Imagine that researchers are studying 2 populations of a hypothetical flowering

Question

Imagine that researchers are studying 2 populations of a hypothetical flowering

plant, Darwinius beardii.

Individual plants of population A grow to an average height of 25 cm, while those of population B average 40 cm. The flowers of population A are light purple and open in mid-April, while those of population B are dark purple with white spots and open in early May.

These 2 populations are geographically separated by a large river, and geological and molecular genetic evidence suggests that they have been separated for at least 10 million years, during which time evolutionary divergence has occured.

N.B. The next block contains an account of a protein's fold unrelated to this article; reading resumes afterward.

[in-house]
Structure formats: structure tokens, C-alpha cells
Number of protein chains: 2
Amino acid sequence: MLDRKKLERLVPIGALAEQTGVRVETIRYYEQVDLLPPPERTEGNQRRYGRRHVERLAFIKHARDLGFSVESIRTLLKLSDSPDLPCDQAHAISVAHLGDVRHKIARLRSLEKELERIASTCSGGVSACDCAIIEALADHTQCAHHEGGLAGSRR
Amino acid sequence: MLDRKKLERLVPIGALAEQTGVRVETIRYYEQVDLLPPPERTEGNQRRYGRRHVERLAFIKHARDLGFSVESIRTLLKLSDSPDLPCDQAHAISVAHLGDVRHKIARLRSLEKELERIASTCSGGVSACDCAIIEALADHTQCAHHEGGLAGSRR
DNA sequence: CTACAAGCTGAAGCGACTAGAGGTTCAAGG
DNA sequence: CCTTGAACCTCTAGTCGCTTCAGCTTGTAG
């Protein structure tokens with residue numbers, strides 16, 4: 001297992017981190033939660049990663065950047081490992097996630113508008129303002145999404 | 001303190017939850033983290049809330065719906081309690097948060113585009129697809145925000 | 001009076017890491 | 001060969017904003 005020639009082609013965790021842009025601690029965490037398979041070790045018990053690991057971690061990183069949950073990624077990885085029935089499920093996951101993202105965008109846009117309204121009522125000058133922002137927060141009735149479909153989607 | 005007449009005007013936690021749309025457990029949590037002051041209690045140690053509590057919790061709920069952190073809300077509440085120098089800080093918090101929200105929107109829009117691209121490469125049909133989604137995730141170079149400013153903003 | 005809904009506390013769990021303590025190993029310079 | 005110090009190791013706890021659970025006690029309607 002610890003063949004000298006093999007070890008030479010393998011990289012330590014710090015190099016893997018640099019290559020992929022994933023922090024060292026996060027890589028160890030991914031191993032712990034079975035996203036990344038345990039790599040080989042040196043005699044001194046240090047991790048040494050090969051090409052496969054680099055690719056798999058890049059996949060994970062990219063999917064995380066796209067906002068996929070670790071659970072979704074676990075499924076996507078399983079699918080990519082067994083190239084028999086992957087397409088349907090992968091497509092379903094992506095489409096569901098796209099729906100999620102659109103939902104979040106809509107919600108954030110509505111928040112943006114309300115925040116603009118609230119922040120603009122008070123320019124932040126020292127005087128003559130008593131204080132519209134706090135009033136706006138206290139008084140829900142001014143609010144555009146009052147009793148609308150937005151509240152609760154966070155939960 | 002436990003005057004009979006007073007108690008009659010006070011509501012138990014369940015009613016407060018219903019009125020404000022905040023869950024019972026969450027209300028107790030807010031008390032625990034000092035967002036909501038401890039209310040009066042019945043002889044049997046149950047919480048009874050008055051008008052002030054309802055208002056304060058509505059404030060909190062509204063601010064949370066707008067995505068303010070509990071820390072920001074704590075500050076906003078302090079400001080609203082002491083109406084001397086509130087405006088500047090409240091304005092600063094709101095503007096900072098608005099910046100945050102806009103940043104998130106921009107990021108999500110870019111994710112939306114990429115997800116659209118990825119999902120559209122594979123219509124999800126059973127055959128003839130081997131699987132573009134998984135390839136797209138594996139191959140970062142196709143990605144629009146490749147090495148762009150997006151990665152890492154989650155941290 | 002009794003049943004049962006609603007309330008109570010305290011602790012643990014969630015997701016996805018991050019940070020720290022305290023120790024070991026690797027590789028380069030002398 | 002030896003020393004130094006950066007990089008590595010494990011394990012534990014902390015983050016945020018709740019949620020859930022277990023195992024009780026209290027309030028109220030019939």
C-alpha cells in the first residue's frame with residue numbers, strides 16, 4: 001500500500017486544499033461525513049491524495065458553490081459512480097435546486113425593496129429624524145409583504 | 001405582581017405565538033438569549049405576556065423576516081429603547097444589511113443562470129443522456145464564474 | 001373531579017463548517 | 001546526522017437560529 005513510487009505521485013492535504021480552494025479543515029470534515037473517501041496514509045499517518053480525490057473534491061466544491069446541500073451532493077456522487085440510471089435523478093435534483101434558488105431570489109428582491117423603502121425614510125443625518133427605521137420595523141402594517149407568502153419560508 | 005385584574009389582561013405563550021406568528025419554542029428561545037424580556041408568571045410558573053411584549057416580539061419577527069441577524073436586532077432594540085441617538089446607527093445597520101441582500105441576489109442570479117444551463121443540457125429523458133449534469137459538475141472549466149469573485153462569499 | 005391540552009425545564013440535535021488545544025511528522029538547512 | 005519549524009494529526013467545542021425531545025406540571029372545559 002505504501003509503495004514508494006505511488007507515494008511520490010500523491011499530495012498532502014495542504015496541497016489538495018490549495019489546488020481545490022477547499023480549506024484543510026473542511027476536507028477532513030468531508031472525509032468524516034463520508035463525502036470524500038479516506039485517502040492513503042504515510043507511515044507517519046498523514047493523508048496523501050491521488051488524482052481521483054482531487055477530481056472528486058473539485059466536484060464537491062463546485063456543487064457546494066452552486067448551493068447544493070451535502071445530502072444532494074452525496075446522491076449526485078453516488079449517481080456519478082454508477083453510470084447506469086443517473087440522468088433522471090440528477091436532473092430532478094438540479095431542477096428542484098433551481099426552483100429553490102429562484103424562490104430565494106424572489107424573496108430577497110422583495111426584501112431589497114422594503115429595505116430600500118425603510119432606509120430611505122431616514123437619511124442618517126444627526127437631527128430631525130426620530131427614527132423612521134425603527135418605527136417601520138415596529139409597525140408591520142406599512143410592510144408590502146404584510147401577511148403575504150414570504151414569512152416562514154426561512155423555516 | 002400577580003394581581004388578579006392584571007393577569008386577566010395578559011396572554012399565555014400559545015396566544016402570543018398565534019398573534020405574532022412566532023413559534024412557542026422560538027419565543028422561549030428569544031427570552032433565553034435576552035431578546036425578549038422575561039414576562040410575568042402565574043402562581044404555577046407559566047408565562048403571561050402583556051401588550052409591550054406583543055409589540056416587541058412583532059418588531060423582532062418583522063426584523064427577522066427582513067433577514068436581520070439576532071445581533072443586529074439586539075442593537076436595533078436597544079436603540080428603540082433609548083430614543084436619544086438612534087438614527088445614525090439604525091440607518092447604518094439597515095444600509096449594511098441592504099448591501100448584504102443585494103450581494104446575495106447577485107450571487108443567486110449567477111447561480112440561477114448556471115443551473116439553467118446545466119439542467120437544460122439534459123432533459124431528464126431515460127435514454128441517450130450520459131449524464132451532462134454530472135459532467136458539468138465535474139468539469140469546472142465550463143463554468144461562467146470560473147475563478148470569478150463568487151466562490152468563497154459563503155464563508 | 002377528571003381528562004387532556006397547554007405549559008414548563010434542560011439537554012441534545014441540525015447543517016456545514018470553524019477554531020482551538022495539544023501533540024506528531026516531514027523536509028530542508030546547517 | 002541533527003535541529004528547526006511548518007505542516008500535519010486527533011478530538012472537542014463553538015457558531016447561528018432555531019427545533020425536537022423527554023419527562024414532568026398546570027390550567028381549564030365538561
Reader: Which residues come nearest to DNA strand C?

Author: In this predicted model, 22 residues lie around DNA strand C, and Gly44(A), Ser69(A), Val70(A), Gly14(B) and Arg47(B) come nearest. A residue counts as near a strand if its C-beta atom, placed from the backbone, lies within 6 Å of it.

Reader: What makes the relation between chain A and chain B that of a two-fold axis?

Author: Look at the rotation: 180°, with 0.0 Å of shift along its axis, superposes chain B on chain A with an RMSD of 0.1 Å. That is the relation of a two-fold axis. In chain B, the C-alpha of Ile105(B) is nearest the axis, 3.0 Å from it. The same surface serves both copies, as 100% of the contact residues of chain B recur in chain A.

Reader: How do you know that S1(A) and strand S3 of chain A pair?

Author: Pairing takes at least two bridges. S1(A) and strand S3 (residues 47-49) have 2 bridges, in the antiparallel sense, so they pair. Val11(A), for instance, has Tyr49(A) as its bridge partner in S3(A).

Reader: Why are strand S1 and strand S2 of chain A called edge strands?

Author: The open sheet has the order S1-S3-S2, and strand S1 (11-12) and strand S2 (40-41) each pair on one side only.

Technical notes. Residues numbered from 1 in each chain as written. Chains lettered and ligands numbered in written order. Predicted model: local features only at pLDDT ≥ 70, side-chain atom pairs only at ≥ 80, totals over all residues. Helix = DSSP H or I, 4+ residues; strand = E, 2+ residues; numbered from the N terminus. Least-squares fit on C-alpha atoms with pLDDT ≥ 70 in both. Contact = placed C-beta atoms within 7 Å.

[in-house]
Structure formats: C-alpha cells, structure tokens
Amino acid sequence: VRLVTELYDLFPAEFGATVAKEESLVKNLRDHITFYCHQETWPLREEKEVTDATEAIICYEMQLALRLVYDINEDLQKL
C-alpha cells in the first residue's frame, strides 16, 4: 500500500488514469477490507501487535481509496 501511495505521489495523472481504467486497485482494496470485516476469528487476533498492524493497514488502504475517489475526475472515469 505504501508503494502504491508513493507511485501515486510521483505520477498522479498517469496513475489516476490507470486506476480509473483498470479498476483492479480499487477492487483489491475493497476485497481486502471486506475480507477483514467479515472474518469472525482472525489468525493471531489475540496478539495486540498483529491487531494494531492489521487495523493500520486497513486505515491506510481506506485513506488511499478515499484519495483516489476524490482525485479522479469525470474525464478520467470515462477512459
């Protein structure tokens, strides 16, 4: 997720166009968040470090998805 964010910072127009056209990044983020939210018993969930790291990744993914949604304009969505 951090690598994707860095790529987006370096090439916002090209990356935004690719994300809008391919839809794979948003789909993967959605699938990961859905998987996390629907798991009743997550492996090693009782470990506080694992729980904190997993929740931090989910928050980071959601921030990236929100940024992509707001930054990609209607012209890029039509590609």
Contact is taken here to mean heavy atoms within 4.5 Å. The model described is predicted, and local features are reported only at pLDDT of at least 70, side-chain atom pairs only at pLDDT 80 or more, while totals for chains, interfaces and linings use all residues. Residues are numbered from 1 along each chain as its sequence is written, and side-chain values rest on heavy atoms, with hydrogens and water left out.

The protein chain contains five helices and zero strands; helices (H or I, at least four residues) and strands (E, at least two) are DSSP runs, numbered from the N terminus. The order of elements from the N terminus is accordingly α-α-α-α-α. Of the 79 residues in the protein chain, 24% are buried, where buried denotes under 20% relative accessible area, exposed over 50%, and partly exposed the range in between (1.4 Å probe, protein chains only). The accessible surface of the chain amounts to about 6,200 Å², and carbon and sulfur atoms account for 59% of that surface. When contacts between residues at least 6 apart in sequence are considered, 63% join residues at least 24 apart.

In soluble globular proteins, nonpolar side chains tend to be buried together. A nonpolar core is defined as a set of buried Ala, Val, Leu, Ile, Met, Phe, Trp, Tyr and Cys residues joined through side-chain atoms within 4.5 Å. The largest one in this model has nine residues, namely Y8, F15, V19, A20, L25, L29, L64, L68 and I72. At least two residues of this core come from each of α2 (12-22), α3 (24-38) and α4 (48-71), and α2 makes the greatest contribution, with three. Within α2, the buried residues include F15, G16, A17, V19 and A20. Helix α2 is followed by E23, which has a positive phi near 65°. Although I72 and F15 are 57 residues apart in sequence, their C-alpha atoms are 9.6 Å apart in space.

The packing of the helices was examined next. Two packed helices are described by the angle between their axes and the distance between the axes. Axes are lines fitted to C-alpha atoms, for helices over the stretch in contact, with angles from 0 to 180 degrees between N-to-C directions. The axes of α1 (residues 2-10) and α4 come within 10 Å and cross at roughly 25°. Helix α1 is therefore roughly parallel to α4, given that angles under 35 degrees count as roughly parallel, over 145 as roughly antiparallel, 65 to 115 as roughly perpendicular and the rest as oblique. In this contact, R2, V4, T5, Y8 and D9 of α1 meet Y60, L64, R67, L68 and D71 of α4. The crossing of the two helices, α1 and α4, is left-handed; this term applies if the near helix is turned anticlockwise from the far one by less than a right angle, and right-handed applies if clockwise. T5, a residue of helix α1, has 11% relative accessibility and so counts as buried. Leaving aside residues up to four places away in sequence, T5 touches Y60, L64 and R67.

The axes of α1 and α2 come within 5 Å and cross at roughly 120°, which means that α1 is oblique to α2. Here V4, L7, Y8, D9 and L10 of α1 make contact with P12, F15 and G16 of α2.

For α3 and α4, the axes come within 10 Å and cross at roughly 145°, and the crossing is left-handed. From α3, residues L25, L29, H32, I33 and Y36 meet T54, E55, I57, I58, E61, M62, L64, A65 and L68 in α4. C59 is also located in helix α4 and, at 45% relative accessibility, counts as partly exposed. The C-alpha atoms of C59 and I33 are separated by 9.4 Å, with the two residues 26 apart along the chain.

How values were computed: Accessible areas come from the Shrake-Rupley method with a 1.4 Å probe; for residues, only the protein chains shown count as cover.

Yet, when individuals from each population are brought into the lab, they readily mate with individuals of the other population.

Under which species concept(s) would the plants of the 2 populations be considered the SAME species?

Science